This month has come in fairly quietly as far as weather is concerned, but the dreaded Coal Strike is now in full swing and thousands of workers are idle, every one is in a scare ordering supplies of food and coal which already has risen enormously and one can’t imagine what the poor are to do through it all.
I went off at 10.30 this morning taking No 19 for Bond Street in order to go to Douglas (her hairdresser), on alighting I noticed unusual crowds and then found that all along the street in every direction that the Suffragettes had been at work smashing shop windows. Up Bond Street almost every other window was in fragments, Duveen, Asprey, Truffitt, Harborow, Lucana etc etc…all had things pasted over the holes, some with labels marked “suffragettes”, up Regent Street, Piccadilly, Strand etc…all was the same everywhere, rack and ruin, and I believe about £4000 worth of damage was done, it made one ashamed to be a woman. Of course they are all clapped into prison and I do hope the sentences will be heavy.
Drove to L’pool Station and saw Tom off, on arriving there I found I had left my little bag in the taxi, so sickening but I shall try at Scotland Yard on Monday.
March 3rd, Sunday
I induced Mother to come to the City Temple with me today to hear Campbell preach – it is a curious service nearly all singing, and a long sermon which seemed like a few minutes.
Mother and I drove first to Scotland Yard where to my great joy I found my beloved bag – such luck! Then to Harrods to order provisions against the rise in prices, there all along the road we found the Suffragettes had just been at work again, fragments and smashes all along Sloane Street and Harrods itself much damaged and everyone in a state of great excitement.
We found all very nice at home (at Upper Hale, Farnham) and it is delightful being back again (Wynne had had a long visit to her in-laws, with breaks in London, throughout February). My joy would be still greater if it weren’t for parochial work which at once rears its dragon head at me on arrival but one can’t play for ever and I must now set to work with renewed vigour. I find the whole house so beautifully clean, it is a joy to see and the flowers are simply perfect – the drawing room full of them and the conservatory a perfect blaze of daffodils, jonquils, narcissi, hiacinths (sic) and tulips. I spent a busy day setting many household chores to rights, paying house accounts, ordering stores etc in fact all the things which compose a hausfrau’s duties. Of course one feels a bit flat and unprofitable after such a lovely bust as I have had. The Strike continues everything is at a standstill and the situation most serious. How and when will it all end.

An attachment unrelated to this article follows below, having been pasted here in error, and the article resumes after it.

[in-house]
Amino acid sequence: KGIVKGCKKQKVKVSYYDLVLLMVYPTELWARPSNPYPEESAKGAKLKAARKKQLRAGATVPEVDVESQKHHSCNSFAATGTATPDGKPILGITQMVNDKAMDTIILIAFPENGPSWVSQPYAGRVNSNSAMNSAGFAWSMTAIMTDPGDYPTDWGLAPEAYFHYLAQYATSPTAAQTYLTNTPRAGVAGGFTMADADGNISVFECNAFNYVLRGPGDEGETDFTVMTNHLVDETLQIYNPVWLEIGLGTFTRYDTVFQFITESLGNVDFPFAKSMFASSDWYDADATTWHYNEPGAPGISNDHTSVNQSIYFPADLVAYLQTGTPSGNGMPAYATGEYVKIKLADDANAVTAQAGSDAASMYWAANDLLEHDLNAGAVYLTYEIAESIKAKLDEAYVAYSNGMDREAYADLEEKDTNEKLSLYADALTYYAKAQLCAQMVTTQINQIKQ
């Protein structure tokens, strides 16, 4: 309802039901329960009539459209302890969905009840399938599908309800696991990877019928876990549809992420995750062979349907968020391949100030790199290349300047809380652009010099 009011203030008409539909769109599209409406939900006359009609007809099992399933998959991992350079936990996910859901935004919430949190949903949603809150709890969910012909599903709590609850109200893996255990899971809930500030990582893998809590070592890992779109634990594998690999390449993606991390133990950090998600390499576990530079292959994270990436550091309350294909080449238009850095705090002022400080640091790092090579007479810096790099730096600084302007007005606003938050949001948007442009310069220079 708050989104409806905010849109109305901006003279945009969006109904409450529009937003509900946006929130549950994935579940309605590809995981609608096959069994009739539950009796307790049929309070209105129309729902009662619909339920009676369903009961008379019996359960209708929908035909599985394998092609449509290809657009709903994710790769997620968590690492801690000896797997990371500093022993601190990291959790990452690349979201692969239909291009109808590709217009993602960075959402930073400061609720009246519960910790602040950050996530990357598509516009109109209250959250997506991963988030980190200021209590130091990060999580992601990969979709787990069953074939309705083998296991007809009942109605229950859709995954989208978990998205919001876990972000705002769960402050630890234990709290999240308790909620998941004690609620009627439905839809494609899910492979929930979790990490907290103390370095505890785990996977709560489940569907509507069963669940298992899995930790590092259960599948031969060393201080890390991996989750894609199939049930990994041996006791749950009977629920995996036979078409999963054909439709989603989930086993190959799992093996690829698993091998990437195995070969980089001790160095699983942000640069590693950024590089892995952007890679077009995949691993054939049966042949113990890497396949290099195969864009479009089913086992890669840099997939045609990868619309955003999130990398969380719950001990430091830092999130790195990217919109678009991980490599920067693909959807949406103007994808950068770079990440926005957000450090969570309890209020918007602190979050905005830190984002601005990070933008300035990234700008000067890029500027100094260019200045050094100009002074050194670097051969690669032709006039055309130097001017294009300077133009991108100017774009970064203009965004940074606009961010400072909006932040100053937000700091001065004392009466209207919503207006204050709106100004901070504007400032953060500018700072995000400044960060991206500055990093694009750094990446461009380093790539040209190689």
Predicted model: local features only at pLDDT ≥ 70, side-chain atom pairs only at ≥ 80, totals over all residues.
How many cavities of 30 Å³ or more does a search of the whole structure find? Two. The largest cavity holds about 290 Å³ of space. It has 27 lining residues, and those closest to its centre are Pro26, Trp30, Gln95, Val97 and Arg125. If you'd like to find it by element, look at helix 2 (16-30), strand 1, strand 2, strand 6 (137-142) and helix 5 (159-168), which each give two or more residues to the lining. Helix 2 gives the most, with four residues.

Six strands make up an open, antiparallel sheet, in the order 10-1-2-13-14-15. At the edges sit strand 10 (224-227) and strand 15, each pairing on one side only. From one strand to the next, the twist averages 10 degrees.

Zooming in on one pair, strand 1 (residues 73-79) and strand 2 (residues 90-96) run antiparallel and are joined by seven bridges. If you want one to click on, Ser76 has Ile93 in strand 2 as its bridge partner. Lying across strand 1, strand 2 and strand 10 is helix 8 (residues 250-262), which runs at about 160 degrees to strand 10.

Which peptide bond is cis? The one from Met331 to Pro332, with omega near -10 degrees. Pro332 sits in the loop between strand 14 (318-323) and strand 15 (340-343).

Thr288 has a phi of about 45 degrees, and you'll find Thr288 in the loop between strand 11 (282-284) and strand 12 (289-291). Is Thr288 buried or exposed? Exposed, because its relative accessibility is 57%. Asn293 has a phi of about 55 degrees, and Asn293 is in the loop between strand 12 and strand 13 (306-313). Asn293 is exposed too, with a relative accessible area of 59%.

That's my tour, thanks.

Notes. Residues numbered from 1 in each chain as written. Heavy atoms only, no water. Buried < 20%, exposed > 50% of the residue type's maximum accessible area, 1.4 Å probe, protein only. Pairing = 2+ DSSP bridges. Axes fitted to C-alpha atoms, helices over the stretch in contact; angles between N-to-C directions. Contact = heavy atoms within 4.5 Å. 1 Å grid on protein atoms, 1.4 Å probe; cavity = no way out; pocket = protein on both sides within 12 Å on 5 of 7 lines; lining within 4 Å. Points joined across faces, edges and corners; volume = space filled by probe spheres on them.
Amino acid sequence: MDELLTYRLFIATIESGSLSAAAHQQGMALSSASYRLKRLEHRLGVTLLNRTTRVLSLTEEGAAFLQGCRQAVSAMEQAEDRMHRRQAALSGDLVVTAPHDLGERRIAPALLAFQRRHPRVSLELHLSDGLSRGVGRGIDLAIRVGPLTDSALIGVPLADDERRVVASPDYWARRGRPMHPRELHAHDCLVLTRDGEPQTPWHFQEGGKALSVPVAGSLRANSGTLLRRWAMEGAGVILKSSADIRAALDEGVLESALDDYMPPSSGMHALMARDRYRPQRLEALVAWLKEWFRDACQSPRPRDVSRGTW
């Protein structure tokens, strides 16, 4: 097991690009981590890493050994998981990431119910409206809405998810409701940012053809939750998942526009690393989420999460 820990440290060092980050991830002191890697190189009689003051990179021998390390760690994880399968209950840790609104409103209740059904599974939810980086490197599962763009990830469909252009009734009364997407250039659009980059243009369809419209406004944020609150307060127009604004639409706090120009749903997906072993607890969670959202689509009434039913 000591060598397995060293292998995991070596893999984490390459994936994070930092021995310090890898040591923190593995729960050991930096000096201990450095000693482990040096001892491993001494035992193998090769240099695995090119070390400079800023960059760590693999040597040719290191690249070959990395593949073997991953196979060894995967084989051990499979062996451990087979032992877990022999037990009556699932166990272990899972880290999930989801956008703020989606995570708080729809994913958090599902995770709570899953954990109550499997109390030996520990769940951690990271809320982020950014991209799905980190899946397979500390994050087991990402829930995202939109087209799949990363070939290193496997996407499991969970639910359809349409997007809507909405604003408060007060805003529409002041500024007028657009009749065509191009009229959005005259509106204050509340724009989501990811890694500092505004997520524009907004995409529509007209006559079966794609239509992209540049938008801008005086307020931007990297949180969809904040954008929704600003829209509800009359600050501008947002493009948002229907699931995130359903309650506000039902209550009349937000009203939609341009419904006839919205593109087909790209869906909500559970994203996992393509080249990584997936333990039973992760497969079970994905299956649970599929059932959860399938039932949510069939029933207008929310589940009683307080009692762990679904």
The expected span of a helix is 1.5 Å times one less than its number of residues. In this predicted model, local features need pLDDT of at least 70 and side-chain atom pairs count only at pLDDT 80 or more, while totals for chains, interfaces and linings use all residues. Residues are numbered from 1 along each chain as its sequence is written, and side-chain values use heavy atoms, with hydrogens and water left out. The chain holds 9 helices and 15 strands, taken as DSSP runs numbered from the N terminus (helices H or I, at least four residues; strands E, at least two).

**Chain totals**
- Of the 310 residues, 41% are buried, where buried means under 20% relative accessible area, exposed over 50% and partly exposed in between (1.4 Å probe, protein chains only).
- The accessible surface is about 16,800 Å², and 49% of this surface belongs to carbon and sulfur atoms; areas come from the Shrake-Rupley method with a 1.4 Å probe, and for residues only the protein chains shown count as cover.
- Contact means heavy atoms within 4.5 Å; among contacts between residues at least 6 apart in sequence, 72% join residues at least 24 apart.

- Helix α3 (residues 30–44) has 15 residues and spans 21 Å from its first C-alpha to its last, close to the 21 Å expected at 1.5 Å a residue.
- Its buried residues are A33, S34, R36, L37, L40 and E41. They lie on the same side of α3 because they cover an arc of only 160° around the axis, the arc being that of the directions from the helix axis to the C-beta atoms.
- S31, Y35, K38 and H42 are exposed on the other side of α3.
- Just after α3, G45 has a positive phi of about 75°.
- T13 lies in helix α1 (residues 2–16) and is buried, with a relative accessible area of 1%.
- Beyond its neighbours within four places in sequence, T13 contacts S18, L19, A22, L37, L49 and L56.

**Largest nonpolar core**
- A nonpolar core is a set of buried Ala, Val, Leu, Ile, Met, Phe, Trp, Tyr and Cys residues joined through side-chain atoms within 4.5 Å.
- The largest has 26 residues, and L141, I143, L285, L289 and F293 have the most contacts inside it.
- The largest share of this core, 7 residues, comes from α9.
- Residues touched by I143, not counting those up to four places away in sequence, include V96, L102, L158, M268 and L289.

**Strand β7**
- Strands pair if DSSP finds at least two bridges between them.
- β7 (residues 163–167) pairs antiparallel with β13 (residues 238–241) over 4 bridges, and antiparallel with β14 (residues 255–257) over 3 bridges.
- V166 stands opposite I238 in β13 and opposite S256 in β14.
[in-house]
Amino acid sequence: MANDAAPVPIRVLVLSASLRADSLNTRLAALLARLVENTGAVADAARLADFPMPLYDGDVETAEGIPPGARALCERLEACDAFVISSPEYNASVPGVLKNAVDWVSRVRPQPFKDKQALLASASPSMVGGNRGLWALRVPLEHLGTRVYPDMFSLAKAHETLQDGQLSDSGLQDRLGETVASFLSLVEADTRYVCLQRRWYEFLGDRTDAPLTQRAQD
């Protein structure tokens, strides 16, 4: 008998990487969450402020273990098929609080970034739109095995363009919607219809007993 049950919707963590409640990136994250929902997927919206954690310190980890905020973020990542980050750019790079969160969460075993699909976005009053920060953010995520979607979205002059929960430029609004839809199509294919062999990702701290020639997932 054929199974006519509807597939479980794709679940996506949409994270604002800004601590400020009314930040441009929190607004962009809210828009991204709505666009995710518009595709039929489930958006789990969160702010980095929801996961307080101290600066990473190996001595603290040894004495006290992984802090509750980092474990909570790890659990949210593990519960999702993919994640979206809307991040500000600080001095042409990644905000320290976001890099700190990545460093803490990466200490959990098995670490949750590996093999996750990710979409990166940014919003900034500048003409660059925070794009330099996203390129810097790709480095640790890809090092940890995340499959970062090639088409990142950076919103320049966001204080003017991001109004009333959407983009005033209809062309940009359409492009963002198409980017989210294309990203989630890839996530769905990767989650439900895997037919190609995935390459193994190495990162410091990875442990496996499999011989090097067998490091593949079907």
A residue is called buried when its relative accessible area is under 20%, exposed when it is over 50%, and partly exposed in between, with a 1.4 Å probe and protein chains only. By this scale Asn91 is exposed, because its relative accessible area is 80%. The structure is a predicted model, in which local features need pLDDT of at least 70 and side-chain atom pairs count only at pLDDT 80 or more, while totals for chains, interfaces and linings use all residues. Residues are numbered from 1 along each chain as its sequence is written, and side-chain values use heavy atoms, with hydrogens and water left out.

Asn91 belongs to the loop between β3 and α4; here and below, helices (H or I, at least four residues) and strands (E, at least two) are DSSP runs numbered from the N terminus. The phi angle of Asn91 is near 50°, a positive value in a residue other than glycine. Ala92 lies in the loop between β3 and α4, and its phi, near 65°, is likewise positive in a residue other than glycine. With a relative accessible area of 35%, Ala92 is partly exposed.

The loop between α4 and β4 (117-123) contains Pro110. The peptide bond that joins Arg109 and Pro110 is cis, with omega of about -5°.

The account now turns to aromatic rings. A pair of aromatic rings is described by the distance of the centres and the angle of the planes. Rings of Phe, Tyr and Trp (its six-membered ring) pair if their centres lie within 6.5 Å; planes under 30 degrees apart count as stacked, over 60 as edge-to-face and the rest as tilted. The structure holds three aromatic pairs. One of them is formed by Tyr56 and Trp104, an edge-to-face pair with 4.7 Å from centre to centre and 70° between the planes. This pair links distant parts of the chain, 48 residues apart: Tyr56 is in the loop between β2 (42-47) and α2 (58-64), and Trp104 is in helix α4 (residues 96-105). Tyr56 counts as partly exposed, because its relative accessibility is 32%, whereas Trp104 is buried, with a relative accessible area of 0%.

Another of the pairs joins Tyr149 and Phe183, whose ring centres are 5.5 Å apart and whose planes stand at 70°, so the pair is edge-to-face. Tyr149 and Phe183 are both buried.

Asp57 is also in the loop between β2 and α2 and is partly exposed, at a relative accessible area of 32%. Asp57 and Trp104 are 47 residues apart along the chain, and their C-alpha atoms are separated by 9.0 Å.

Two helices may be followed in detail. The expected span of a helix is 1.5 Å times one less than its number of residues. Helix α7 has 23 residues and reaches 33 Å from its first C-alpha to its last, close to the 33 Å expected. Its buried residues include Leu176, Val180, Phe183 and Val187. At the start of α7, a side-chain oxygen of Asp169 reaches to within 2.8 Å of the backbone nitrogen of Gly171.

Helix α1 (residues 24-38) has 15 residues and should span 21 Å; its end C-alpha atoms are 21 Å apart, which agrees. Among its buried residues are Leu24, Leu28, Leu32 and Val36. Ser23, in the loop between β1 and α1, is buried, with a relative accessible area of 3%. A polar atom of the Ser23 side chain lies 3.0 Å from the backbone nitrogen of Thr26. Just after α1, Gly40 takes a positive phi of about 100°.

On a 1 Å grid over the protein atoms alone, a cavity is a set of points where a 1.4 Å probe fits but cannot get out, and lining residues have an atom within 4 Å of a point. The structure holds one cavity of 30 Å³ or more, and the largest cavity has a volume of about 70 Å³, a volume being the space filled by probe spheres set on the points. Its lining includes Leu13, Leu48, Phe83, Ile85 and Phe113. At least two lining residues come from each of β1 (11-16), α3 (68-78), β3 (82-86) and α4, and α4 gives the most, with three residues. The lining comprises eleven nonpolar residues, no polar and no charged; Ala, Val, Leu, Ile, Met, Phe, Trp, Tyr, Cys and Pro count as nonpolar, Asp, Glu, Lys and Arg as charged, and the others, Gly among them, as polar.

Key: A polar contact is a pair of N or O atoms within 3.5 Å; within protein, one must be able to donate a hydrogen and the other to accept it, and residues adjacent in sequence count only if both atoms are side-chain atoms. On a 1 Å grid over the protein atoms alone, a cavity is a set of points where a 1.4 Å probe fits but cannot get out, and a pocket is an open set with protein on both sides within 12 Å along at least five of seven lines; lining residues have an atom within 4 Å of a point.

I spent the morning writing letters and after lunch the Grays drove us to Aldershot to the finals of the Football Matches where I presented the Shield and medals to the winners of the season’s efforts. Our Division won and the enthusiasm was great.
I made cakes and wrote letters all morning – the cakes were a failure much too hot an oven and so they rose up at once to opulence and then sank back exhausted! However I’ll not be beat but try again tomorrow.
More cakes and with great success this time! (This battle continued through March. Since people cooked on a range, with no control over temperature, it became a matter of judgement and luck whether things would emerge cooked, burnt or raw! The good cooks developed a sort of instinct about their ovens, and learnt how to regulate the fire).